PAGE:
c. Observe the following conventions in morpheme-by-morpheme glosses:
i. Place a hyphen between morphs within words in the original, and a corresponding hyphen in the gloss:
(41) fog-okfel próbál-ni olvas-ni
will-1sg try-inf read-inf
ii. If one morph in the original corresponds to two or more elements in the gloss (cumulative exponence), separate the latter by a period, except for persons; there is no period at the end of a word:
(5) es-tis be-2PL.PRES.IND.ACT
iii. Gloss lexical roots in lowercase roman type.
Gloss persons as 1, 2, 3, and 4.
Gloss all other grammatical categories in small capitals (double underscore).
iv. Abbreviate glosses for grammatical categories. List the abbreviations in a note.
Phonetic and Orthographic Characters
For special phonetic and orthographic characters, please use the SIL Doulos fonts, which are available at:
Measurements may either be given in the SI metric system or in English with the SI equivalent in brackets. Abbreviations (mm) do not take a plural form and are not followed by a full point. Numerals should be used in the text for all full units of measurement but words should be used for quantities of objects, persons, etc., and for numbers from one to twenty. Please make sure that fractions are displayed properly. For example, in the following sentence 'Two-thirds of the world's people produced 4/5 of total world output', '4/5' should be replaced with 'four-fifths'.
Equations should be numbered consecutively with bracketed Arabic numerals in the right-hand margin. Authors may also use a special typeface (e.g. bold, italic, Greek, etc.) where symbols occur in the text. Careful attention should be paid to sub- and superscript symbols, and upper and lower case letters. All constituent terms should be defined when they initially appear.
Tables and Figures
Tables must be typed double spaced, using as few horizontal rules as possible and no vertical rules. They should be numbered consecutively using Arabic numerals (Table 4, etc.). Titles should be concise but as informative as possible. Decimals appearing in tables should include leading zeros i.e. 0.1273.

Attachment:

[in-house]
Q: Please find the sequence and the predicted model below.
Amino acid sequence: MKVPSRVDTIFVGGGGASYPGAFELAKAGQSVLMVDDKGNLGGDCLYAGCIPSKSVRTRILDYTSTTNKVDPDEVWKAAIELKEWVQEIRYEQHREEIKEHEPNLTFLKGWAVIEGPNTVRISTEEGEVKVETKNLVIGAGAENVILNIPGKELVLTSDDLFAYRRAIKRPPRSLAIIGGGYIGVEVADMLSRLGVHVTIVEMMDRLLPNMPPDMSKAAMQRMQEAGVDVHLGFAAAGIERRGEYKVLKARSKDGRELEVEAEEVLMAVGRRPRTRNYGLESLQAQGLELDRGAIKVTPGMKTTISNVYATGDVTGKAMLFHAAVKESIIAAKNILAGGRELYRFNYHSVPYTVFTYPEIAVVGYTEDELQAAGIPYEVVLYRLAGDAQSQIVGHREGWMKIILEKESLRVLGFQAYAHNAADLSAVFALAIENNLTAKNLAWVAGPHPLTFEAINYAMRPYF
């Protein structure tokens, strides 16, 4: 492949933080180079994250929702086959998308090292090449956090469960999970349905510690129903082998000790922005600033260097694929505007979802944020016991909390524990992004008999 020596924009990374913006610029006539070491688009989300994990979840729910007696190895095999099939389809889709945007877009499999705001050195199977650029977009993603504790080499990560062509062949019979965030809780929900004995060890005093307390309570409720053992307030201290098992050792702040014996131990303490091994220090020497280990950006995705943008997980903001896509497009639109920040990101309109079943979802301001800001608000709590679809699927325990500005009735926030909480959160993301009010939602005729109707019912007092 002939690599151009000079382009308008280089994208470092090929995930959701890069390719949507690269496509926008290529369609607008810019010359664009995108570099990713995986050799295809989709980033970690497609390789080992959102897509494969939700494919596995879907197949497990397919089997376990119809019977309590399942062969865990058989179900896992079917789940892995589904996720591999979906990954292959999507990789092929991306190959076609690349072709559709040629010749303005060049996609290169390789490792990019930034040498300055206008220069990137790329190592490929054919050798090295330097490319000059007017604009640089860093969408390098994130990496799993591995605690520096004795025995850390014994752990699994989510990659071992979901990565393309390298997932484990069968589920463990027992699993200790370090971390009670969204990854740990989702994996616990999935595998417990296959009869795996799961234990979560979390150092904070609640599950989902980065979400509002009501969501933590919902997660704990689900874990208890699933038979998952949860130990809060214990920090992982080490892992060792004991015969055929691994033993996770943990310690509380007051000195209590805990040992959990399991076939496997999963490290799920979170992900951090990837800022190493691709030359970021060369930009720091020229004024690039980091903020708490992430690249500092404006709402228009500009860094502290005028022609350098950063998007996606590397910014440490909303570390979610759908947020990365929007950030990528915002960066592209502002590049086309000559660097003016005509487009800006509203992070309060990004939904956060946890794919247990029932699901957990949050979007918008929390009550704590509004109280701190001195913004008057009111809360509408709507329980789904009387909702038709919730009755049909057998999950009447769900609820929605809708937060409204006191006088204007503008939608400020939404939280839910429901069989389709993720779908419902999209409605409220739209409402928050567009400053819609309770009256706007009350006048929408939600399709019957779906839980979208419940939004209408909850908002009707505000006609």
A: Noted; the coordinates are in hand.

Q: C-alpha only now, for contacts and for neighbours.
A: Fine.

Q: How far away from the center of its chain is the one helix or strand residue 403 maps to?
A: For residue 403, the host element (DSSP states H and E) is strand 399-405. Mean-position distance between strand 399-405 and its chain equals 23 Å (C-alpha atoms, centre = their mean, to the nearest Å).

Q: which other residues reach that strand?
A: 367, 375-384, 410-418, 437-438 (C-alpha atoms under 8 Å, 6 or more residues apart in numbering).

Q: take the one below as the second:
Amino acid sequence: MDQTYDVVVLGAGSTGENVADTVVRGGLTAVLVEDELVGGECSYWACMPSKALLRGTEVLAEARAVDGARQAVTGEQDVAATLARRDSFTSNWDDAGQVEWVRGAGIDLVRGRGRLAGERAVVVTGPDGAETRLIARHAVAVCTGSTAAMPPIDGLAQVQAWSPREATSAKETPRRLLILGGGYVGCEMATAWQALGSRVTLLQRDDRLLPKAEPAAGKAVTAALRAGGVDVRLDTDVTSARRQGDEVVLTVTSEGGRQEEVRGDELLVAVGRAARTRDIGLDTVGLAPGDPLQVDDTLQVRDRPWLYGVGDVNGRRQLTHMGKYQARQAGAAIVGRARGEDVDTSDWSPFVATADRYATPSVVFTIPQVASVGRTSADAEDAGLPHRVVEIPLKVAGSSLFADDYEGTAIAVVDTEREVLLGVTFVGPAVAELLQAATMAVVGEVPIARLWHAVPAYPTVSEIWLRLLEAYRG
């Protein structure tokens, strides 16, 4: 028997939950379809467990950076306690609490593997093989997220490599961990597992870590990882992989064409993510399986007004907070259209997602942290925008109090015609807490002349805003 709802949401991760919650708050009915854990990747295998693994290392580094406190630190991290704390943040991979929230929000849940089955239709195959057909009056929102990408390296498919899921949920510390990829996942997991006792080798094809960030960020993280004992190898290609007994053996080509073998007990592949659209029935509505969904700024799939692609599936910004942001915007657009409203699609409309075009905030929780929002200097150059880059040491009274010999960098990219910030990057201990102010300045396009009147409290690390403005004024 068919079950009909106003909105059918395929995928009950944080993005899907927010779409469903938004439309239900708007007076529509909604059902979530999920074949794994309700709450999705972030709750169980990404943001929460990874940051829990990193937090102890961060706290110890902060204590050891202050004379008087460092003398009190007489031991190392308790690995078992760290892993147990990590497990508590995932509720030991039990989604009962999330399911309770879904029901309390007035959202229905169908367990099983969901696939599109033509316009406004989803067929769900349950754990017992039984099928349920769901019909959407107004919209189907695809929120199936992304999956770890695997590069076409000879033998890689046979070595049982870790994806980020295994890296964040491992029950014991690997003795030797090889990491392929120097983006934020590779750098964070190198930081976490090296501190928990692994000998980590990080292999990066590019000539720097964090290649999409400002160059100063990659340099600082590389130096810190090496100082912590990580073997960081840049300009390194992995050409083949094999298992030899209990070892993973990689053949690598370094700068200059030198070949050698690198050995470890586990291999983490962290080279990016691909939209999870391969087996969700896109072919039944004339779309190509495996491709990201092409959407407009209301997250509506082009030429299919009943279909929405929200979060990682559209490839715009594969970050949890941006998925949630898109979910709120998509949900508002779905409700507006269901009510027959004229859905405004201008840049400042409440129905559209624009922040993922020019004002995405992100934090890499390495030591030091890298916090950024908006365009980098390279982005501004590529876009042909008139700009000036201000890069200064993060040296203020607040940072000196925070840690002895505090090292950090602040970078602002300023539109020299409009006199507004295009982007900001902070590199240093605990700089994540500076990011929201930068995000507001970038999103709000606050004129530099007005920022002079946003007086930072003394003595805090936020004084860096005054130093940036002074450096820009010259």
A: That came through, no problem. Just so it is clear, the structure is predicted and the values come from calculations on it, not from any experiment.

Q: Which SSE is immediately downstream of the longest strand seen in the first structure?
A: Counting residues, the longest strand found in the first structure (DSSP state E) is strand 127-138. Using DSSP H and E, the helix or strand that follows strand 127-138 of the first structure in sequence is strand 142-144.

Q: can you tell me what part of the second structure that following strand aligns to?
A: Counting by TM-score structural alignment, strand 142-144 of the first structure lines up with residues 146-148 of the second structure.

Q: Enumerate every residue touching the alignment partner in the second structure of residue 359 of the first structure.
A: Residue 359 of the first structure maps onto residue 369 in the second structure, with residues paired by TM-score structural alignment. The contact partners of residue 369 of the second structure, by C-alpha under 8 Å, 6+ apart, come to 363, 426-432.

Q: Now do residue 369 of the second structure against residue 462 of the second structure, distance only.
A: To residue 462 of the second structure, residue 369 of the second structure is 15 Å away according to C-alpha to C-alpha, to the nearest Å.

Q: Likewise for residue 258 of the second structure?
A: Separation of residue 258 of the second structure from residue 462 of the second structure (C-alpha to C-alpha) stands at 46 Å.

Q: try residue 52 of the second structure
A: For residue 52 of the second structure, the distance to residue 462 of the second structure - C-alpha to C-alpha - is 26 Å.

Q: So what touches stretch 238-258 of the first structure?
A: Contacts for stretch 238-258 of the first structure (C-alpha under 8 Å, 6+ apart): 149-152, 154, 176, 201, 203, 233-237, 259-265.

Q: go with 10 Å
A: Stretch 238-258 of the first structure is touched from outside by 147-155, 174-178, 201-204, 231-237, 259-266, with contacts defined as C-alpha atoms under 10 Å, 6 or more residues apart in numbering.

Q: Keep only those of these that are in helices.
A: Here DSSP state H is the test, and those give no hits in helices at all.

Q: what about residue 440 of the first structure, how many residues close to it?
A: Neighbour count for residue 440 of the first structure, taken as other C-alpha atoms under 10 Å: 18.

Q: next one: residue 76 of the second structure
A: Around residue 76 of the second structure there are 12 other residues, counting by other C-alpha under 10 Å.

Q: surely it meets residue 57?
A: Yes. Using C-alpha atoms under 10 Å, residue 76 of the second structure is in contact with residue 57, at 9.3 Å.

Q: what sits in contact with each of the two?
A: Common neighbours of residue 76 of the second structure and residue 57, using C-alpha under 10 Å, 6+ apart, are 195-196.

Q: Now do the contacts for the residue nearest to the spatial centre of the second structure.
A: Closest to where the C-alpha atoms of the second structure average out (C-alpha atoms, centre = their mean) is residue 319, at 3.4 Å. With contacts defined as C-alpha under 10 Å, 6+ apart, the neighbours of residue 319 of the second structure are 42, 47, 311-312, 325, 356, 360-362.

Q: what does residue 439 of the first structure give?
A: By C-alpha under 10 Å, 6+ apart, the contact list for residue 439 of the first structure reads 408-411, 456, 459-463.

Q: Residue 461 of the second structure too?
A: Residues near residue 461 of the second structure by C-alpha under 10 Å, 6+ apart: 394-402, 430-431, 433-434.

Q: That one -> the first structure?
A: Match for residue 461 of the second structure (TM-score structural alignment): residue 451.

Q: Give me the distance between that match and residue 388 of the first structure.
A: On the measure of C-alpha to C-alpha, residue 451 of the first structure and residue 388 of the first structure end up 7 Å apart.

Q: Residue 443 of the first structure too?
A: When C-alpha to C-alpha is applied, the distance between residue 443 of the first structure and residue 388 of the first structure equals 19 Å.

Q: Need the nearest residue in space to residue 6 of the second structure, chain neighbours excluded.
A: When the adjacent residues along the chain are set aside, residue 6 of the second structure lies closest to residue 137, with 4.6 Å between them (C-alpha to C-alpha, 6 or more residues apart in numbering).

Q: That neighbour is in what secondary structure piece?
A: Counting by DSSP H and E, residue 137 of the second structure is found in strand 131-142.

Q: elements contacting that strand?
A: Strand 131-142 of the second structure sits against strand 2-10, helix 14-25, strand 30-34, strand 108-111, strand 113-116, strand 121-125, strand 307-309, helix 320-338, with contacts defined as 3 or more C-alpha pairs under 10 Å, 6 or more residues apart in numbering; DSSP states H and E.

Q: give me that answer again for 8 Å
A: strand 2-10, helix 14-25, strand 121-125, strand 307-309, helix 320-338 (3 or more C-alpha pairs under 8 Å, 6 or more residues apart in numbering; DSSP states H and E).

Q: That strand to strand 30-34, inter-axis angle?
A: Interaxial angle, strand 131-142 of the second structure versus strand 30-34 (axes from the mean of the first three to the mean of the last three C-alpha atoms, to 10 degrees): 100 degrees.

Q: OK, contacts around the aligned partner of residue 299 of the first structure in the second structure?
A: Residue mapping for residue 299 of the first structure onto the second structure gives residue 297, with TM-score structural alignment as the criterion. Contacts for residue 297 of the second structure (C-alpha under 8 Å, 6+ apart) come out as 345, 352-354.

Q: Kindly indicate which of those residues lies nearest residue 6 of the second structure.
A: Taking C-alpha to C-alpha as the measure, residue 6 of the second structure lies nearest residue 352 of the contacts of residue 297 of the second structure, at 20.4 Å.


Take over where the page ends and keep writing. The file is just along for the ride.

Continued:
Each table or figure is to be followed by a number (Figure 1, Table 1, etc.). Provide a caption for each table or figure, set in boldface. Ensure that tables and figures are numbered consecutively (one series for tables and another for figures). Place them at the end of your manuscript and indicate the main article text that is expected to follow immediately after the appearance of the table or figure, as illustrated here:
Table 2: Laboratory findings in common disorders
Insert Table 2 here
Whenever possible specific arguments or points should be amplified at an appropriate place in the text. In exceptional circumstances endnotes may be used. Endnotes may be used sequentially throughout the text in the format 1, 2, 3 rather than i, ii, iii.
In-text Citation Examples
Joe Bloggs contends “the verse has clearly been marked by formal concerns” (12).
As one critic famously put it, “the verse has clearly been marked by formal concerns” (Bloggs 12).
Two or more titles by single author
Smith made two references to this problem, first in 1982 (Verse Forms 56) and again in 1989 (“Chapter and Verse” 9).
One critic made two references to this problem, first in 1982 (Smith, Verse Forms 56) and again in 1989 (Smith, “Chapter and Verse” 9).
Two or three authors
Chapter 4 in Verse on Verse offered important theoretical advances (Turner, Coren, and Brown 33–55).
Four or more authors
The argument was taken further in a co-authored book in the 1990s (Smith, Bloggs, Schmidt, and Smythe 31–75).
The argument was taken further in a co-authored book in the 1990s (Smith et al. 31–75).
Two authors with the same name
The verse debate was both vilified as “nonsensical” (D. Johnson 21) and yet praised as “groundbreaking” (R. Johnson 76) in the late 1990s.
Author quoted by another author
Richard Johnson thought the debate should “continue unabated” (qtd. in Bloggs 74).
Bob Strander’s multivolume work still contains key arguments to this day (1:34–55; 2:115–23).
Donne’s “A Valediction: Forbidden Mourning” begins “As virtuous men pass mildly away, / And whisper to their souls to go,” (lines 1–2) but ends “And makes me end where I begun” (36).
Shakespeare’s Julius Caeser begins “Hence! home, you idle creatures get you home: / Is this a holiday? (1.1.1–2).
“In the beginning God created the heaven and the earth.” (Holy Bible, Gen. 1.1).
The Works Cited should be alphabetized by the last names of the authors (or editors); if a work has no author or editor, it should be alphabetized by the first word of the title, disregarding A, An, or The.
If there are two or more works by the same author, use the author's name only for the first entry. For subsequent entries, use a long dash. The titles should be listed in alphabetical order.
If multiple publisher locations of books or edited books are provided, please provide only one location in the reference list.
Examples of Works Cited
Perlmutter, David M. 1978. Impersonal passives and the unaccusative hypothesis. Berkeley Linguistics Society 4. 157–89.
Poser, William. 1984. The phonetics and phonology of tone and intonation in Japanese. Cambridge, MA: MIT dissertation.
Prince, Ellen. 1991. Relative clauses, resumptive pronouns, and kind-sentences. Paper presented at the annual meeting of the Linguistic Society of America, Chicago.
Rice, Keren. 1989. A grammar of Slave. Berlin: Mouton de Gruyter. Singler, John Victor. 1992. Review of Melanesian English and the Oceanic substrate, by Roger M. Keesing. Language 68. 176–82.
Stockwell, Robert P. 1993. Obituary of Dwight L. Bolinger. Language 69. 99–112.
Tiersma, Peter M. 1993. Linguistic issues in the law. Language 69. 113–37.
Yip, Moira. 1991. Coronals, consonant clusters, and the coda condition. The special status of coronals: internal and external evidence, ed. by Carole Paradis and Jean-Francois Prunet, 61–78. San Diego, CA: Academic Press.